Eliot insisted that the life’s work of a great writer forms a single piece. ‘The whole of Shakespeare’s work is one poem,’ he wrote, and ‘Joyce’s writings form a whole.’ It has always been tempting to divide Eliot into two: the anti-Semite and the great, humane poet; the young American and the middle-aged European. W.H. Auden wrote that Eliot was really two figures, a conscientious churchwarden and a 12-year-old boy ‘who likes to surprise over-solemn wigs by offering them explosive cigars, or cushions which fart when sat upon’. All these poems — casual, funny, flirtatious, severe — are Eliot.
~ The ambiguity in genetic testing is troubling, given the massive decisions people make based on those tests. But I think that the idea that we can get rid of ambiguity and can eventually have certainty through science is also troubling:
“Here’s what things will look like in ten years,” says MacArthur. “We find a variant in a baby born with a severe disease, and within seconds we can show that this variant has never been seen in 10 million healthy controls, but has been observed in 12 cases of the same disease. And just in case that’s not enough, we can look in another database for which a researcher has generated every possible variant in that gene and tested its effect, and shown that this specific variant has a catastrophic one. Boom: There’s no ambiguity here.”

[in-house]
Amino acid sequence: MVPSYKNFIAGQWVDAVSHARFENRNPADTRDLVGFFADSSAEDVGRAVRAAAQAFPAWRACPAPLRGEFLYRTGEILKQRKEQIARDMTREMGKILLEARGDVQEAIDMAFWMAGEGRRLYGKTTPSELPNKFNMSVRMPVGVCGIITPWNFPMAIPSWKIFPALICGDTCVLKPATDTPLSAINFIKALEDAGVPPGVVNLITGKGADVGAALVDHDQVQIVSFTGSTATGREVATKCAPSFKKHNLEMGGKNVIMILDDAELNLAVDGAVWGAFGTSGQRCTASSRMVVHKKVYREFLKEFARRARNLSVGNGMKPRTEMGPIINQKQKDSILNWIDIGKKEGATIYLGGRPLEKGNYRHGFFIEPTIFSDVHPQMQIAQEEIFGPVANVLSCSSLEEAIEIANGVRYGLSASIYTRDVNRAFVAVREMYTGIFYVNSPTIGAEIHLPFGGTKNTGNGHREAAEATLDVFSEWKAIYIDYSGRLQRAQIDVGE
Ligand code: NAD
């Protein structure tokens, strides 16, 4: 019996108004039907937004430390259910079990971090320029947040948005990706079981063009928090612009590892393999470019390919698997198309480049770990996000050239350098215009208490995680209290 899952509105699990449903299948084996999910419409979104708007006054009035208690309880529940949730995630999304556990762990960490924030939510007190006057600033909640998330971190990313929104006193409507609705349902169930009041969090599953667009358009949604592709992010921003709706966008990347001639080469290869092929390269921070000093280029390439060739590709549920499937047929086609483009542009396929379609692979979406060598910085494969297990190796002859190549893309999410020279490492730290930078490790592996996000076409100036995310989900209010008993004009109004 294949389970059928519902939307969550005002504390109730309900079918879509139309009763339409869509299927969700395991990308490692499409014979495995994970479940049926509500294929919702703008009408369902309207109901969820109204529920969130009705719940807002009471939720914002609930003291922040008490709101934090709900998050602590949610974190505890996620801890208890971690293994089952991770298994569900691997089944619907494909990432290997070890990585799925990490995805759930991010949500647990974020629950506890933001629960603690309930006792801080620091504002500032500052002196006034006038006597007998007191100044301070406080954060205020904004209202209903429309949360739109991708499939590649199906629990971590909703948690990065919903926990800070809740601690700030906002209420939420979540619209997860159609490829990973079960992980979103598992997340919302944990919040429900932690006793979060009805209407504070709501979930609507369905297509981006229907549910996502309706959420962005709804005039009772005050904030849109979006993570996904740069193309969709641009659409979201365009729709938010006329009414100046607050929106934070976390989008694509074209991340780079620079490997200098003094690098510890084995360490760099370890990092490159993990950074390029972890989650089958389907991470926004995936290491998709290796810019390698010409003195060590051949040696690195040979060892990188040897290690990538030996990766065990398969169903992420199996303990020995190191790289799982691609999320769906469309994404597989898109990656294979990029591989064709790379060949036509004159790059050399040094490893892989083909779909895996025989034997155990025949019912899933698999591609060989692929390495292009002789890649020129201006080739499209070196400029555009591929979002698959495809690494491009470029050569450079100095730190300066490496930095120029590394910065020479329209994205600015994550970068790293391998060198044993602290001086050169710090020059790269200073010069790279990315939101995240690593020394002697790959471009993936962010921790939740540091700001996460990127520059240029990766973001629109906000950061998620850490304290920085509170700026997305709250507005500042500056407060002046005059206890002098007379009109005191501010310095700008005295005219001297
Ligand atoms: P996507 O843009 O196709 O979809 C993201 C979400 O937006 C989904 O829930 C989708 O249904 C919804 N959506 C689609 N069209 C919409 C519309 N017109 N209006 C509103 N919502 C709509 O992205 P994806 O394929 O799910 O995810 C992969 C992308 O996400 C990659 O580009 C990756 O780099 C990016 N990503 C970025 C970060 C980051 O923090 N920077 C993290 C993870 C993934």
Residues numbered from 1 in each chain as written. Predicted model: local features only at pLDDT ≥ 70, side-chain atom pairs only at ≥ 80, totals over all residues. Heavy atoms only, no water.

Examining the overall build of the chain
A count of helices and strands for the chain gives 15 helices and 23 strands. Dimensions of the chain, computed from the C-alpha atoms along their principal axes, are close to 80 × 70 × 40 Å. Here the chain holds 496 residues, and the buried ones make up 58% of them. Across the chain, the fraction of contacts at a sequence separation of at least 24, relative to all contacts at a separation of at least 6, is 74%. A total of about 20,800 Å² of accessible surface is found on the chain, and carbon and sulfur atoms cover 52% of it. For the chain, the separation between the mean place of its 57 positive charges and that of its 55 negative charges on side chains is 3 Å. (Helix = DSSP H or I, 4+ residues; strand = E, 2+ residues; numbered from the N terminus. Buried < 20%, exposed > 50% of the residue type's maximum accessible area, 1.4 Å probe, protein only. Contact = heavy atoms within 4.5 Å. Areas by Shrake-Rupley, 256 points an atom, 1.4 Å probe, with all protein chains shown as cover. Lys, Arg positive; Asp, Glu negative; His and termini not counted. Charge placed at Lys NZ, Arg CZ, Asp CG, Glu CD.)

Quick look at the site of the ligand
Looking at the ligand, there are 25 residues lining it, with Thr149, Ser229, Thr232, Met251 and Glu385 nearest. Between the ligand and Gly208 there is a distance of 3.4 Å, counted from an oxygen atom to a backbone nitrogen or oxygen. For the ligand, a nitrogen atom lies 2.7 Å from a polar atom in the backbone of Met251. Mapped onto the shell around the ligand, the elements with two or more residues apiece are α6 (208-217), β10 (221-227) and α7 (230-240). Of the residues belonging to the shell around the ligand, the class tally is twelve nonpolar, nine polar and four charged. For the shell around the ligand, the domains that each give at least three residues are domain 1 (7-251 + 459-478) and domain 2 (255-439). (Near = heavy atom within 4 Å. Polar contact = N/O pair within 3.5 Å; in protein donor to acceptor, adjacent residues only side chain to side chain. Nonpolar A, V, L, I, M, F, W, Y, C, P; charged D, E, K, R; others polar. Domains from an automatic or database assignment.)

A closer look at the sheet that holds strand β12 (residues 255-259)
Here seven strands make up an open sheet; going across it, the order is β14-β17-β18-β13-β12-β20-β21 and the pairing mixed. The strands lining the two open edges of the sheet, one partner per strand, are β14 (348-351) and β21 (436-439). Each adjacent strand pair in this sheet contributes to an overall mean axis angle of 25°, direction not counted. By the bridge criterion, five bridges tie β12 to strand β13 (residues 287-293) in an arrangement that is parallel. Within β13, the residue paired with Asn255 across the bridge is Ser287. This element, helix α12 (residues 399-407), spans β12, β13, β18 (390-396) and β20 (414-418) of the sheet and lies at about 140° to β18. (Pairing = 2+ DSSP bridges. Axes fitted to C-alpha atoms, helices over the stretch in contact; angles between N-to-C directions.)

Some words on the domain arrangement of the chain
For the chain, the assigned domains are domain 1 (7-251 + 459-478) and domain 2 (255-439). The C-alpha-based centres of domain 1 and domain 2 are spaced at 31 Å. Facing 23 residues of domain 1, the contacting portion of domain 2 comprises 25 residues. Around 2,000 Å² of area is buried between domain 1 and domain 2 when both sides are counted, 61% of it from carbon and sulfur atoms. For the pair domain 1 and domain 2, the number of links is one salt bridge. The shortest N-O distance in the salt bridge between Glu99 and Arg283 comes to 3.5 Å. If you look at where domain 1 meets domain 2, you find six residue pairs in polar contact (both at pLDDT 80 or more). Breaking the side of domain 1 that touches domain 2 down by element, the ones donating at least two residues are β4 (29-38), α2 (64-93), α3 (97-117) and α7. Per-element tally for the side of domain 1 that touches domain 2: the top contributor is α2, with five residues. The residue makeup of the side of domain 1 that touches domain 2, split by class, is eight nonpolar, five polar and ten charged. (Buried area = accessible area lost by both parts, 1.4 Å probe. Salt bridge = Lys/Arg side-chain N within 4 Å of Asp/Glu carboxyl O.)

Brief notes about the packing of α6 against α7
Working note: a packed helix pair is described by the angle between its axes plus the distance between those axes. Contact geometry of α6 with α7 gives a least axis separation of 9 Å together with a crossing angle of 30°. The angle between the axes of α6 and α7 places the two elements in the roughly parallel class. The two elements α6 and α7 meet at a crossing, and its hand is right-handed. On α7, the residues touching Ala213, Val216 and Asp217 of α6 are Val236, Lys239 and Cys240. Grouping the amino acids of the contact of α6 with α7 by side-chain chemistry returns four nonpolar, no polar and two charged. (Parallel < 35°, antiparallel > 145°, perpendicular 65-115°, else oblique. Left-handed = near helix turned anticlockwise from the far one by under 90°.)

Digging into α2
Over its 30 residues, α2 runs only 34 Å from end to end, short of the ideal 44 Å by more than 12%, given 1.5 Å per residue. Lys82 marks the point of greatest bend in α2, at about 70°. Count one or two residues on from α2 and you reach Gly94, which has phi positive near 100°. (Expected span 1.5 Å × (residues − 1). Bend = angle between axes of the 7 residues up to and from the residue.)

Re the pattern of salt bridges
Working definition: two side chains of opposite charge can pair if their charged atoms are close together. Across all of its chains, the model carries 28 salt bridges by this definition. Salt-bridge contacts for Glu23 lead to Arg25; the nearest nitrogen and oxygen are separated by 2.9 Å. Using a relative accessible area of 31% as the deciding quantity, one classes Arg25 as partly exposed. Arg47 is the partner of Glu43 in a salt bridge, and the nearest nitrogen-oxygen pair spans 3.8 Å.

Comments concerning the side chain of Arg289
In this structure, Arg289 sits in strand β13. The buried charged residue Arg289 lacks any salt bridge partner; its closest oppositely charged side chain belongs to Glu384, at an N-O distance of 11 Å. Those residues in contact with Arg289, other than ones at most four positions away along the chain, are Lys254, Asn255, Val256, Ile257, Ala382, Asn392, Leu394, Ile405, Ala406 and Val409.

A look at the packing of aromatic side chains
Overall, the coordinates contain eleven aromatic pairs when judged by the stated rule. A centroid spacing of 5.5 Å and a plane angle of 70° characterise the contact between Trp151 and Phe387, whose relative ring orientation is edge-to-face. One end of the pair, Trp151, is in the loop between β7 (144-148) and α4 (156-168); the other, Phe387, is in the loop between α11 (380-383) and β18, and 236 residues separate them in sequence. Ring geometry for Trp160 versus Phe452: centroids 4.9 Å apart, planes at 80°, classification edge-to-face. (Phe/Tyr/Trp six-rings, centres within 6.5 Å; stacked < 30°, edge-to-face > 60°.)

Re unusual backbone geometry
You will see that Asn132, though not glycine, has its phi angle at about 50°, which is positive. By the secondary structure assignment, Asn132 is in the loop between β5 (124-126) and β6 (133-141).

~ I wish we lived closer to my parents:
Another study by Ms. Compton and Mr. Pollak found that labor force participation by married women with children increased by as much as 10 percentage points when they lived near their mothers or mothers-in-law, and unanticipated child care needs seemed to play a big role.
~ I am pro-swearing, although have been recently forced to cut back, due to Baby Leopard.
~ A woman seems genuinely surprised that the acts of giving and receiving care can provide benefits to each party:
~ In the midst of our own daycare changes, I give you "Preschool without Walls." Cool idea, although it sounds cold to me.
I would not wish to be ill so that my husband could read to me. But I was ill and his reading showed me we were in this together. More than this, I fell in love again in a way I never expected and that I needed. Being love-full was one way in which I was more than my weak body and mind. In which we were more than our separate everyday selves.
~ Stamp collecting and music: playable postage stamps!